When it comes to skilling and preparing a workforce for new-age technologies like Artificial Intellignece (AI), robotics, Big Data and IoT, IBM is working with some of the state governments via skill development centres. At its recent Think Forum event in Mumbai held early this week, IBM’s Chairman and CEO Ginni Rometty said that the company in collaboration with the Ministry of Skill Development will be launching two diploma courses to make the next generation skilled enough to take up future jobs that will be dominated by augmented intelligence, cognitive intelligence, cloud computing and blockchain.

Rometty said the courses, a two-year diploma, will be introduced in the ITIs in Bengaluru and Hyderabad to start with this year and later on would be expanded to other towns and cities. Approved by NCVT (National Council for Vocational Training) as a Level 6 NSQF program, this course will deeply focus on creating a workforce which meets industry’s evolving skill needs. The modules will include a holistic approach such as partnering with the industry, adopting new learning technologies and delivering experience-based, applied learning.

“Technology continues to be a key transformational lever not just for India, but for countries across the world. Our collaboration with MSDE reiterates IBM’s deep commitment to up-skilling India in this era of digital inclusion. As a part of this Advanced Diploma, we are working closely with the government and academia to expand and scale these programs. IBM strongly believes that such industry and government partnerships can go a long way in tapping the immense potential that India’s young and vibrant workforce has,” said Chaitanya Sreenivas, Vice President and HR Head, IBM India Pvt. Ltd.

IBM also announced a collaboration with the Telecom Sector Skill Council (TSSC) to spur emerging technology skills in the domestic telecom industry. IBM’s student developers’ program (career education) that infuses software capabilities that are industry-specific and market-relevant has helped more than 24,000 students and faculty members develop industry-relevant software capabilities.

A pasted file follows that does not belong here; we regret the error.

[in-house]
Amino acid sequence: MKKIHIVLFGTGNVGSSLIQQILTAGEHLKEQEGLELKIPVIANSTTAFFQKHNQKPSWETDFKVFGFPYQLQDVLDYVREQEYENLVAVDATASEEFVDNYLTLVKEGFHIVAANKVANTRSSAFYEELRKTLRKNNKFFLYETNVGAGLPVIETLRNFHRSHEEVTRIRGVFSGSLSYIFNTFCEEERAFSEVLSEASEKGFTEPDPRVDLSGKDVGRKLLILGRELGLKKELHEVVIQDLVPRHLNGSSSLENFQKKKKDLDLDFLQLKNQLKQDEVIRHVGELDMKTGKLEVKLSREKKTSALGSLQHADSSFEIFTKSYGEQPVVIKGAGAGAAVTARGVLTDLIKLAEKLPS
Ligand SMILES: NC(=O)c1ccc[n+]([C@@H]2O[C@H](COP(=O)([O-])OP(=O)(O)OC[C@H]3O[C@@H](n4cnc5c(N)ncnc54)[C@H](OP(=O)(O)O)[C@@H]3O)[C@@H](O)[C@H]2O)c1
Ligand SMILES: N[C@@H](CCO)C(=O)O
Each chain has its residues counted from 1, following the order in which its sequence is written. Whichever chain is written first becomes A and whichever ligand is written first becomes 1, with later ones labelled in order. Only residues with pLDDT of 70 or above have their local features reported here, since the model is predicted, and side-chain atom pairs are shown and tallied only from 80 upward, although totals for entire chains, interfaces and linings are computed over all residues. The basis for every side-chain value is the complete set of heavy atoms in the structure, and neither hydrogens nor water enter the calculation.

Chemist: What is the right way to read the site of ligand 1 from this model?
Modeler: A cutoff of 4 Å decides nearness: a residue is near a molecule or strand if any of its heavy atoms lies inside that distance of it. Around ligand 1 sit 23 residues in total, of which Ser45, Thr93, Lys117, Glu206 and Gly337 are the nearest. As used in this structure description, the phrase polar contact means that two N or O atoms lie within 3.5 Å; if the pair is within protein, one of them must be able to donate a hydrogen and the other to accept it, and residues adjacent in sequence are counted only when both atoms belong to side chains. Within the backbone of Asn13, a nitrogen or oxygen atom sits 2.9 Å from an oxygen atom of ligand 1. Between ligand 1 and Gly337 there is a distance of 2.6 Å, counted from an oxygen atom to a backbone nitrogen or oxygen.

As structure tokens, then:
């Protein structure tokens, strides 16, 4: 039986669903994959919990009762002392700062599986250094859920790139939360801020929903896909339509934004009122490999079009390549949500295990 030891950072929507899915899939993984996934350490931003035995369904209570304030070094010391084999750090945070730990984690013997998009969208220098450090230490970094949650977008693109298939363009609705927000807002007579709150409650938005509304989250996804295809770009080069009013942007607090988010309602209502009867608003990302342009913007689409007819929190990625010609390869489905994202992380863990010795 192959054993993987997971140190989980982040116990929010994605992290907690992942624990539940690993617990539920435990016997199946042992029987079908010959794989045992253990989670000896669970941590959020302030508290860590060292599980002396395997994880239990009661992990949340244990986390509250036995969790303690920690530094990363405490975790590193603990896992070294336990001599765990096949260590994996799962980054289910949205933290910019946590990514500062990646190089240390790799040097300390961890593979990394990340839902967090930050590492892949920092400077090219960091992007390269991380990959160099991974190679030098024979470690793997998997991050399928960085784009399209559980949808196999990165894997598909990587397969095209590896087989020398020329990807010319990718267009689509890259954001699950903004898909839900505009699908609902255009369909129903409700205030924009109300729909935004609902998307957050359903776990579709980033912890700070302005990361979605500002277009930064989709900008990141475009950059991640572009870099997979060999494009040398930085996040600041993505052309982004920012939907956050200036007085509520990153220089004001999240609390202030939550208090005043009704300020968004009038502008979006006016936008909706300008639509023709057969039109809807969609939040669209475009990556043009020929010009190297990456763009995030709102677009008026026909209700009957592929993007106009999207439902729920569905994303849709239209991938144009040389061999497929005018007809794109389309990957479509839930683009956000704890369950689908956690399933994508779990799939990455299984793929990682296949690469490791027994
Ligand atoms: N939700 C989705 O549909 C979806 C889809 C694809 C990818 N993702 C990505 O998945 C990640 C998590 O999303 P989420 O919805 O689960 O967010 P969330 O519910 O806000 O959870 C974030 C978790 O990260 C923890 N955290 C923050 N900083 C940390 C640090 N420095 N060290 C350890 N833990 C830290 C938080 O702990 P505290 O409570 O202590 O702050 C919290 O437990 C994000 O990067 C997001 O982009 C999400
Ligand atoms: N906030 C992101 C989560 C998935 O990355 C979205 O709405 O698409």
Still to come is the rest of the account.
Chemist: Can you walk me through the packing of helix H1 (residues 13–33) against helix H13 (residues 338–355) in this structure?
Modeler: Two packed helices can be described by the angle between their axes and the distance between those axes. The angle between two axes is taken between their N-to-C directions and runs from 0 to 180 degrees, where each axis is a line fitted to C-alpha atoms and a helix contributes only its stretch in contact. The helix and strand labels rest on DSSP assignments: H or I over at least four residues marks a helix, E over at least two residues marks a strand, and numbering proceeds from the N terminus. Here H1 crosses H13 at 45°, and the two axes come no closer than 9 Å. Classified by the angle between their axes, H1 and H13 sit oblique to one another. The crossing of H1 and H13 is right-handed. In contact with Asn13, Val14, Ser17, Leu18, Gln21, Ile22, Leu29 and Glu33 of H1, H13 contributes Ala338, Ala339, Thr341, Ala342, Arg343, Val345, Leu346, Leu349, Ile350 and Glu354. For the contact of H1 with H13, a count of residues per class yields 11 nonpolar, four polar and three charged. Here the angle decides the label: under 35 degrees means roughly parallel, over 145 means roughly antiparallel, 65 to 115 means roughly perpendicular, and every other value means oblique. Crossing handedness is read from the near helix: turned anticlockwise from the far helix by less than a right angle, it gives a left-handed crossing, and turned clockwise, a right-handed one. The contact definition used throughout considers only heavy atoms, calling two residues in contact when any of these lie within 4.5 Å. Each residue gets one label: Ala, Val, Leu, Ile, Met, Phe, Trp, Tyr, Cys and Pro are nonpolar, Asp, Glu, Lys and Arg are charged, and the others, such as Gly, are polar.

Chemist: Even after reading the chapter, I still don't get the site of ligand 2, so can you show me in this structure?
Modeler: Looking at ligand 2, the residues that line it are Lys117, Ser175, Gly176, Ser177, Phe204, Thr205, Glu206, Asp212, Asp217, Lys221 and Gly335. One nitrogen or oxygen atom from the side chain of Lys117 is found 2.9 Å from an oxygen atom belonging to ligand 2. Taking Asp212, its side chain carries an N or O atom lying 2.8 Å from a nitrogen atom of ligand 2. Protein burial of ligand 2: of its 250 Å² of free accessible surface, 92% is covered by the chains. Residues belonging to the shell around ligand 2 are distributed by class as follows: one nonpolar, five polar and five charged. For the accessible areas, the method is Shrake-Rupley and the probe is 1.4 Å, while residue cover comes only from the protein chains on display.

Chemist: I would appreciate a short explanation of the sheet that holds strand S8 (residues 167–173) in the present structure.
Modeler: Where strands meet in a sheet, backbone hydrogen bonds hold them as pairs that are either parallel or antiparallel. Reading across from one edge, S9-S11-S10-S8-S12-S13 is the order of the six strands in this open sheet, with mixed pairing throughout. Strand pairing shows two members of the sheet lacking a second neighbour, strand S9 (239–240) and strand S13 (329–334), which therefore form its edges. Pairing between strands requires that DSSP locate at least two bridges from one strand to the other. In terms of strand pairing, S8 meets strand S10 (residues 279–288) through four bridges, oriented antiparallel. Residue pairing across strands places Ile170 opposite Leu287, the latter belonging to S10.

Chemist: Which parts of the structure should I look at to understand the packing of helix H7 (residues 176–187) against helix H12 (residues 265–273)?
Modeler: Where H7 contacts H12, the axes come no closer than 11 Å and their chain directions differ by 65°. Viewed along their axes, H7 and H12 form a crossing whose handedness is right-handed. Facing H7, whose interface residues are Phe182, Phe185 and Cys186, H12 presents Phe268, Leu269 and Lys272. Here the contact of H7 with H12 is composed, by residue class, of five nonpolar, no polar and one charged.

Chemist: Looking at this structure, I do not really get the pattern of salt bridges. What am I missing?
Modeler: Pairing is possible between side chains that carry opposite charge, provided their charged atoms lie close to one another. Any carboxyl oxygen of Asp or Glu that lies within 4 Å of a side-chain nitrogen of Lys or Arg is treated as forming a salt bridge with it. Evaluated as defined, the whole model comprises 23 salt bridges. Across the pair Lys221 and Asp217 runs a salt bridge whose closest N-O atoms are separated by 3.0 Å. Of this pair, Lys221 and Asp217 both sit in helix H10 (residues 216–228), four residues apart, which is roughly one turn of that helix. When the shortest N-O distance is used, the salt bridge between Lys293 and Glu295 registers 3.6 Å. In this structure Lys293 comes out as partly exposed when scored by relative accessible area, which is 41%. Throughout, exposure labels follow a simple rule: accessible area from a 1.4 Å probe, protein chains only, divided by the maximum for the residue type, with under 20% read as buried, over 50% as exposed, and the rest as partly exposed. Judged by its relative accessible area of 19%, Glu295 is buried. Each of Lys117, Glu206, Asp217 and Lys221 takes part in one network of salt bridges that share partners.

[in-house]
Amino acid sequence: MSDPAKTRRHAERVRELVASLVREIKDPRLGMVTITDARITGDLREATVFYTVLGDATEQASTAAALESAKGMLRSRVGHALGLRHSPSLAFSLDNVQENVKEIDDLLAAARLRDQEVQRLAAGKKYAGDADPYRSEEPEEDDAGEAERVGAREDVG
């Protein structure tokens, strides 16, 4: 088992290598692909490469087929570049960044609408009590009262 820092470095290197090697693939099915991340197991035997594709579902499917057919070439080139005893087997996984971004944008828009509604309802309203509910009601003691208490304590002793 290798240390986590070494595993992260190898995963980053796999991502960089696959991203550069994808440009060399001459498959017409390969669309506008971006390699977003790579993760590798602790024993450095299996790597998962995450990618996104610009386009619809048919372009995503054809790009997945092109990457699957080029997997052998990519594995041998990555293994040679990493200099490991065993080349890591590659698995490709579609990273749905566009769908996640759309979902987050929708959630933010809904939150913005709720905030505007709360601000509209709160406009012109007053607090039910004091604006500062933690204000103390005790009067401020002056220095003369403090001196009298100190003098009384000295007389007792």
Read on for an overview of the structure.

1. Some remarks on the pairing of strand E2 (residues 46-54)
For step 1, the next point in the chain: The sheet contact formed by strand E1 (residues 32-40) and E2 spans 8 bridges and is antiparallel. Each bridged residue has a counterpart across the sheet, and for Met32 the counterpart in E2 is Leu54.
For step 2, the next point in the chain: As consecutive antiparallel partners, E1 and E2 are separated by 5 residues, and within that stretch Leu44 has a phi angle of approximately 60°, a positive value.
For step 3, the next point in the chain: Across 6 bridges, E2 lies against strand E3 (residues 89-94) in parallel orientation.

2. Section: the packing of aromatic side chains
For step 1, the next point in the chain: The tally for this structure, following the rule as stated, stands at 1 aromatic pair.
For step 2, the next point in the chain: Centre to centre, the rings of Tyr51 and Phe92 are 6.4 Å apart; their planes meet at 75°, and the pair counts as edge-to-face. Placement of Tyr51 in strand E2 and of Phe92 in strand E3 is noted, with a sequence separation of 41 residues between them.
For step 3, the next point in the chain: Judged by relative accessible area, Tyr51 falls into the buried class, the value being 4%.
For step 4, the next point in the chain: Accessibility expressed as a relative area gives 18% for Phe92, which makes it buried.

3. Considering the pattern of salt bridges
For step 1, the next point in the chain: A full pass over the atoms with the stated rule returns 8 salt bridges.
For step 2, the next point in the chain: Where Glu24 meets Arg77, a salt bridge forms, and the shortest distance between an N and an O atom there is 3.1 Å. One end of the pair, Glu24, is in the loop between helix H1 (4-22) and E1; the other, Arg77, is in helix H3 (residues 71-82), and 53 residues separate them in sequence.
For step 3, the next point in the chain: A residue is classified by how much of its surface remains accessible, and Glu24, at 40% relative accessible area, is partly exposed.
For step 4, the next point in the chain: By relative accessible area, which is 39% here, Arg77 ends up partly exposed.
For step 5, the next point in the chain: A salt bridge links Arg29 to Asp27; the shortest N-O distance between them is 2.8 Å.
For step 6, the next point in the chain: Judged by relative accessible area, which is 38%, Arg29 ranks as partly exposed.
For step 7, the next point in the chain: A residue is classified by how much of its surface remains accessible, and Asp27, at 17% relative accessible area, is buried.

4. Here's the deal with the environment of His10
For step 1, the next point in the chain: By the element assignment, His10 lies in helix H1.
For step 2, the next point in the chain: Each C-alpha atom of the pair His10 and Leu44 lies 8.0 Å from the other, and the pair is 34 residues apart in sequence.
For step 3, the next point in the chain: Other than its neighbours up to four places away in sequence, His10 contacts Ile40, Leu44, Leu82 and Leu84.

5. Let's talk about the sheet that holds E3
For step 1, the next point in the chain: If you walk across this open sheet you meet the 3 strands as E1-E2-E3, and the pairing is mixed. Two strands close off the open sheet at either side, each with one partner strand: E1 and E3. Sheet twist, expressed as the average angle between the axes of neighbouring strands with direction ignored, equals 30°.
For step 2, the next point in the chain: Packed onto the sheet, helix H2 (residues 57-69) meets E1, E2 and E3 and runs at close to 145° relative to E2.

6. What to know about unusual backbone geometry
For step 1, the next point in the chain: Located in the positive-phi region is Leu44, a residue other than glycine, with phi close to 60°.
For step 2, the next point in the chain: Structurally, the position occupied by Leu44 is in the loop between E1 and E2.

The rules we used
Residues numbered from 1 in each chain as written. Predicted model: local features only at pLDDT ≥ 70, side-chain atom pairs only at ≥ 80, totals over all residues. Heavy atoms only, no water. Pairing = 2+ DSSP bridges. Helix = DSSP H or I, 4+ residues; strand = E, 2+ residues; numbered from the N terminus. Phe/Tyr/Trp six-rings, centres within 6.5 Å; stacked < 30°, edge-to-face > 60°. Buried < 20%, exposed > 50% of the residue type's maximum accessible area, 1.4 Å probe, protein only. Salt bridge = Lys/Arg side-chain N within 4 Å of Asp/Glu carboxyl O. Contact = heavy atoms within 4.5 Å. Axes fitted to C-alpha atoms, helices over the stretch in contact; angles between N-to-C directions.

Last year, Rometty had said that IBM will shortlist 50 universities in India in a bid to ensure that they impart curriculum suited to the changing needs of the technology industry. The US tech major is also ramping up research & development in India to customise and localise its flagship cognitive technology platform Watson. She had also said that IBM was also looking at how to adapt its Pathways to Technology (Ptech — a program launched in the US) to India.

It skilling is one of the key priorities in the country at the moment. Even though there is a lot of buzz around it, a recent report by The World Economic Forum shows that India needs to upgrade education curricula, revamp vocational training programs and improve digital skills. The WEF Global Manufacturing Index puts India on the 30th position, listing human capital and sustainable resources as the two key challenges for the country.

The central government has already begun the process of training 10 million potential jobseekers by 2020 under its Skill India Mission, but the dearth of quality trainers, inadequacies in training programs and high dropout rates remain hurdles to skill development. Nonetheless, companies such as IBM, Cisco, Microsoft, Google and Schneider Electric, among others are putting in their best efforts to step up skill development efforts across the country. – CXO Today


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